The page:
Lenders may be facing hidden risk from student debt. But they can prepare.

To see a more complete picture, lenders can take advantage of a collection of consumer credit attributes to better assess the impact of student loans across their customer base. With this Market-Driven Attributes Package, lenders can identify customers that have student loans and then segment them by metrics such as deferment, balance, payment history, delinquencies, and more. Lenders can also combine these metrics with additional data to assess student loan payment to income (PTI) and consumer debt to income (DTI). 

These insights can help lenders flag student loan borrowers that present increased risk of financial distress. Then, they can offer options to help borrowers manage their finances and debt repayment across all debt categories. 

Inflation and rising interest rates are having a clear impact on the consumer wallet

While student loans are held by only a portion of the U.S. population, inflation and rising interest rates are placing financial stress on almost everyone:

  • Total debt is up 8.4% from a year ago(4), as food, housing, gas, utilities, and automobile prices have all increased. 
  • Outstanding balances on bank cards are up a notable 18.1% compared to a year ago. Credit utilization is also on the rise.(5)
  • For many, wages are not keeping up with inflation. About 38% of U.S. households say they find it somewhat or very difficult to pay for usual household expenses.(6)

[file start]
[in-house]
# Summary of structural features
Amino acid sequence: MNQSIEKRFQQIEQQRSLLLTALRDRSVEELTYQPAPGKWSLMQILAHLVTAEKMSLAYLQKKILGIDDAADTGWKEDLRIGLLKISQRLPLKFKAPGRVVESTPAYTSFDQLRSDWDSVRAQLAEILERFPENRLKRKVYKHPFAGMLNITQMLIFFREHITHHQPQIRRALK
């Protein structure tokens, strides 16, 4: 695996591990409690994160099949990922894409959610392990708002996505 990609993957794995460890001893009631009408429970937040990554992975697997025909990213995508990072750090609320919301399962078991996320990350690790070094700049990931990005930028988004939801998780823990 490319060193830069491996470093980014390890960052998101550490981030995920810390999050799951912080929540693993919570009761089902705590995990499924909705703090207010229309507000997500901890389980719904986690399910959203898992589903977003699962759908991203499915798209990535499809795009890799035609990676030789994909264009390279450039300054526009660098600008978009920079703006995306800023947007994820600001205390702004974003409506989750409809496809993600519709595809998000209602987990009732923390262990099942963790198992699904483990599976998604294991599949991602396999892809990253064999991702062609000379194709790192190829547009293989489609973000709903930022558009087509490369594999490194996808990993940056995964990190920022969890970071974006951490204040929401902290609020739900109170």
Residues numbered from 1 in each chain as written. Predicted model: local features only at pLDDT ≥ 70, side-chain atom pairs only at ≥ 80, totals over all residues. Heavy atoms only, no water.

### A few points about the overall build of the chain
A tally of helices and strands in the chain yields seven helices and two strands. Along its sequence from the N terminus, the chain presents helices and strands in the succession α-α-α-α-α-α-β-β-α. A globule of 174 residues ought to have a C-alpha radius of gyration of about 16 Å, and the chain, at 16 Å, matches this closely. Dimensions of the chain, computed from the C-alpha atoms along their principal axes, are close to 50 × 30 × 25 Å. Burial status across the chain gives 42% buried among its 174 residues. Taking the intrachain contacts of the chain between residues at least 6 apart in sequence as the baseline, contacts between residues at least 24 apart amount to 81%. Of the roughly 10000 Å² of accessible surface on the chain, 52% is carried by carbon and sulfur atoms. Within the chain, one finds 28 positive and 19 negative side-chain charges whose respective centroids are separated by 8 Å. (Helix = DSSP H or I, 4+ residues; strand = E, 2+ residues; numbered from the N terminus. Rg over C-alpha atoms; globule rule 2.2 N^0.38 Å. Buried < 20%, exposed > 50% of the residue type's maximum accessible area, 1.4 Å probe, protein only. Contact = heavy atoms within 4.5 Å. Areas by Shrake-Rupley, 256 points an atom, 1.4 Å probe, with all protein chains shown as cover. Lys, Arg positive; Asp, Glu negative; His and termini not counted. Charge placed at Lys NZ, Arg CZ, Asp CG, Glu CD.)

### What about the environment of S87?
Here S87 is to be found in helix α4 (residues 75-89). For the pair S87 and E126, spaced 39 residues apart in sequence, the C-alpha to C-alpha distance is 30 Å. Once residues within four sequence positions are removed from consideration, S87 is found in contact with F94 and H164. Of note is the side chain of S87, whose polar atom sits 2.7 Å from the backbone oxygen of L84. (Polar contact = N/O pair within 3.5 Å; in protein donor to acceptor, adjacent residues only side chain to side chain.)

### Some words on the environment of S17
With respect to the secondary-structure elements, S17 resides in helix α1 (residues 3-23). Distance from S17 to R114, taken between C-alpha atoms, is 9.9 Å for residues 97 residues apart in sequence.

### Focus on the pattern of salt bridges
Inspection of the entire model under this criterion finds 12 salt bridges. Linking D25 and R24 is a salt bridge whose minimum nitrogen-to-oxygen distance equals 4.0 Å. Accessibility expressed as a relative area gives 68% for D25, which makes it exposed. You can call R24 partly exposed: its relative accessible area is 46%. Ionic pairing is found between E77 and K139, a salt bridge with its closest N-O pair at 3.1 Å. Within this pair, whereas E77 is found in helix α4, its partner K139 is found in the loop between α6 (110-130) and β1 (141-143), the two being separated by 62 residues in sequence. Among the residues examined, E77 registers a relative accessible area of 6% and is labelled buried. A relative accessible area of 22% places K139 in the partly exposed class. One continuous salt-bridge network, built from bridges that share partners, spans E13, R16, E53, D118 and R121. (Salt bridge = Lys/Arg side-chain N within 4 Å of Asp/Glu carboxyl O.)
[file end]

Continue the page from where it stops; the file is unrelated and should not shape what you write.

With a higher percentage of consumers’ income going to daily expenses, there’s less available to pay off credit balances. Plus, consumers are quickly eroding any pandemic savings they may have accumulated. This means more risk of delinquencies, defaults, and write-offs for lenders. In fact, delinquencies are already starting to creep up, including across auto loans, personal loans, and credit cards.

How can lenders proactively manage customer risk through these uncertain times?

With the new year just around the corner, lenders need to focus on the key metrics that can help them assess their customers’ financial health as they continue to struggle with inflation and high interest rates. By applying Market-Driven Attributes designed to help evaluate these factors as part of frequent account and portfolio reviews, lenders can better spot customer segments that may present higher risk. 

For example, lenders may spot accounts with:

  • significant jumps in new credit
  • increased revolving utilization
  • decreased open to buy
  • rising total outstanding balance
  • increased debt to income (DTI)